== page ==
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HX Addition to Alkynes

Addition of HX to Alkynes - Multiple Addition

The reaction between a hydrogen halide (HX) and an alkyne yields a vinyl halide with Markovnikov orientation. A subsequent addition of HX to the product can occur because the vinyl halide still contains a double bond. This addition yields an alkyl dihalide and the formation cannot easily be prevented when HX is added to an alkyne, as the intermediate carbenium ion is stabilized by a +M effect of the halogen substituent.

The HX addition to a vinyl halide follows a mechanism analogous to the HX addition to an alkene, that is, protonation of the double bond and subsequent addition of the halide anion to the intermediate carbenium ion. This reaction yields a geminal alkyl dihalide with Markovnikov orientation.

Fig.1
Addition of HX to propyne

The protonation of the vinyl halide occurs at the non-halogenated sp2 carbon atom because then the positive charge at the halogenated sp2 carbon atom can be stabilized by the +M effect of the halogen substituent. This resonance stabilization (3p-2p overlap) is not possible if the halogenated carbon atom is protonated.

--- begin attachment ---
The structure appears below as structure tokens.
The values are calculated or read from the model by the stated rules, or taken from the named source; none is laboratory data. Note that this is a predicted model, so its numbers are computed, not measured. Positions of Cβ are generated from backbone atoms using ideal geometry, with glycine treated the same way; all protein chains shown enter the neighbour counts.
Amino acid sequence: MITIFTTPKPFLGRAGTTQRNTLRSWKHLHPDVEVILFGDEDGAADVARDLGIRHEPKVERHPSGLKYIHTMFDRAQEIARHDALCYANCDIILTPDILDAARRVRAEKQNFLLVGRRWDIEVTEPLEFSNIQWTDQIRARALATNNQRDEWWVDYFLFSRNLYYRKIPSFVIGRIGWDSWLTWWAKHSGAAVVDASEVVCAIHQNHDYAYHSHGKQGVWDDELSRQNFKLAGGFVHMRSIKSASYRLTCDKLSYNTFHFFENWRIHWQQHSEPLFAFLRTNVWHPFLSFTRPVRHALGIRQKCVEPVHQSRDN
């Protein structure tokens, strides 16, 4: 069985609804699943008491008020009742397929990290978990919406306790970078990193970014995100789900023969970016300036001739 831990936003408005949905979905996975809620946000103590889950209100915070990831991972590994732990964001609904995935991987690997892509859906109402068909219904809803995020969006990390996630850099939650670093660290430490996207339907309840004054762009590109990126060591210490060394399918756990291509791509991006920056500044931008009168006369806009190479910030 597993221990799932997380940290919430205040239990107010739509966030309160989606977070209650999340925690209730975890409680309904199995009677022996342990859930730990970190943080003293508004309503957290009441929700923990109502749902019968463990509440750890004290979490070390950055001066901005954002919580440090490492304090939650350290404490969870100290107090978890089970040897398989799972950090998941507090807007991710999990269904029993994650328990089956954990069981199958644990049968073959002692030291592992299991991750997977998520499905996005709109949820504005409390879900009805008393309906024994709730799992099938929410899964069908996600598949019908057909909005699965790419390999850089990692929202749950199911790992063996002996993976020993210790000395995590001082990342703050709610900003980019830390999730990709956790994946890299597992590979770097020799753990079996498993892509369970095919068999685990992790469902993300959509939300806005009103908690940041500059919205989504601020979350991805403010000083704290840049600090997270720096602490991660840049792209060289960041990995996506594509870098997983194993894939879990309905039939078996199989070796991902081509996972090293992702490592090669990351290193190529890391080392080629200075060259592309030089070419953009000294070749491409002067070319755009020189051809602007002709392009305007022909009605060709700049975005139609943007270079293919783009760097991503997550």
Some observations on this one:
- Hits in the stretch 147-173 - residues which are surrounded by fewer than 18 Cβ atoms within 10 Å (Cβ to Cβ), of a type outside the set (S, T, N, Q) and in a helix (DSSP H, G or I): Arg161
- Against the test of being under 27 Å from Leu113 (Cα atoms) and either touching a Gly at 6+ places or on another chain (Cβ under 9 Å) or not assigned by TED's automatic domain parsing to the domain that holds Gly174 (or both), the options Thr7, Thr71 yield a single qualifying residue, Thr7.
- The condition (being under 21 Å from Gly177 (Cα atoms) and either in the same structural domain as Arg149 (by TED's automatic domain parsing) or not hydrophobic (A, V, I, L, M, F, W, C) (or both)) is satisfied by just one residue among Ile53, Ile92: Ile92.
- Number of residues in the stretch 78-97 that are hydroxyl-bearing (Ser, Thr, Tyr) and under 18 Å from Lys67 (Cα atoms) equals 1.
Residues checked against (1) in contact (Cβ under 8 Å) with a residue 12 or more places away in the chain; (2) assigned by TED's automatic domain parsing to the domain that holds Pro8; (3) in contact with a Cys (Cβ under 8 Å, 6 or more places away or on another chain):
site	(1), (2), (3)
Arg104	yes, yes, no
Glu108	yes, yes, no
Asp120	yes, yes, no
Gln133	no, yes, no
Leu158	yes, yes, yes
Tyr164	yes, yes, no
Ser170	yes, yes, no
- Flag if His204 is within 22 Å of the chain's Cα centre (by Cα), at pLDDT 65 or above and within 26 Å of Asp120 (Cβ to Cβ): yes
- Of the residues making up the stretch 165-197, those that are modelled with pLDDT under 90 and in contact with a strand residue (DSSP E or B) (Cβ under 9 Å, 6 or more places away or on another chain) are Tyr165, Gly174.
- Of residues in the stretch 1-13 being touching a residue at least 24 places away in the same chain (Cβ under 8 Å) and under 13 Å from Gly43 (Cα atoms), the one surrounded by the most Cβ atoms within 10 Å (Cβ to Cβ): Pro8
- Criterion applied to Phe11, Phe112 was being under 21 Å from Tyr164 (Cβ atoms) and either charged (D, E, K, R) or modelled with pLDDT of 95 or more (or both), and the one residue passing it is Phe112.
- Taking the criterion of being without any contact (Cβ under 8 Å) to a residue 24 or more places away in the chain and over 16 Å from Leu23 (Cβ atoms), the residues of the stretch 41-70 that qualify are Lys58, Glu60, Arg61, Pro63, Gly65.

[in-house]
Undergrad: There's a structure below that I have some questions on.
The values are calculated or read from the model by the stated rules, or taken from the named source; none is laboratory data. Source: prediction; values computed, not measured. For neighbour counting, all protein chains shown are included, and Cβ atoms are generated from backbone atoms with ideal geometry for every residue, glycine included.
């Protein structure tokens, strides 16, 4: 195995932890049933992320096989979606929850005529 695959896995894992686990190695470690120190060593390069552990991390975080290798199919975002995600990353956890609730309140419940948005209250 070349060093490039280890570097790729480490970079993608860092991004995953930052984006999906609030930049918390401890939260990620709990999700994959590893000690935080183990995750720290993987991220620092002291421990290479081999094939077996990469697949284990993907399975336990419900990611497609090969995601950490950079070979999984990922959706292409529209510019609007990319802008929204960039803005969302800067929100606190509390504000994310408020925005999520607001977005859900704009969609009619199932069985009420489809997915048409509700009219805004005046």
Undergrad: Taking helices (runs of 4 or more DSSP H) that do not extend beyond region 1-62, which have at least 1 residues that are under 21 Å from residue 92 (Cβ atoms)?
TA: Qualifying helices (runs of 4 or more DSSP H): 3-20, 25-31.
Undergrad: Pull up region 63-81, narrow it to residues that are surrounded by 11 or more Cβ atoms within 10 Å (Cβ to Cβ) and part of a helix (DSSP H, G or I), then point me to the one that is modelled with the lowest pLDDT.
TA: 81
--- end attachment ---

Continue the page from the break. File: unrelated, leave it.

Fig.2

The resonance stabilization of the intermediate carbenium-halonium ion hybride can be shown by comparison of the carbon-chlorine bond length of propyl chloride and 2-chloropropene.

Tab.1
Comparison of the carbon-chlorine bond length of propyl chloride, the propyl carbenium-chloronium ion hybride, and 2-chloropropene
Compound Propyl chloride (2-chloropropane) Propyl carbenium-chloronium ion hybride 2-Chloropropene
Electrostatic surface
Fig.3
Fig.4
Fig.5
C-Cl bond length (calculated: 3-21G*) 0.183 nm 0.164 nm 0.176 nm
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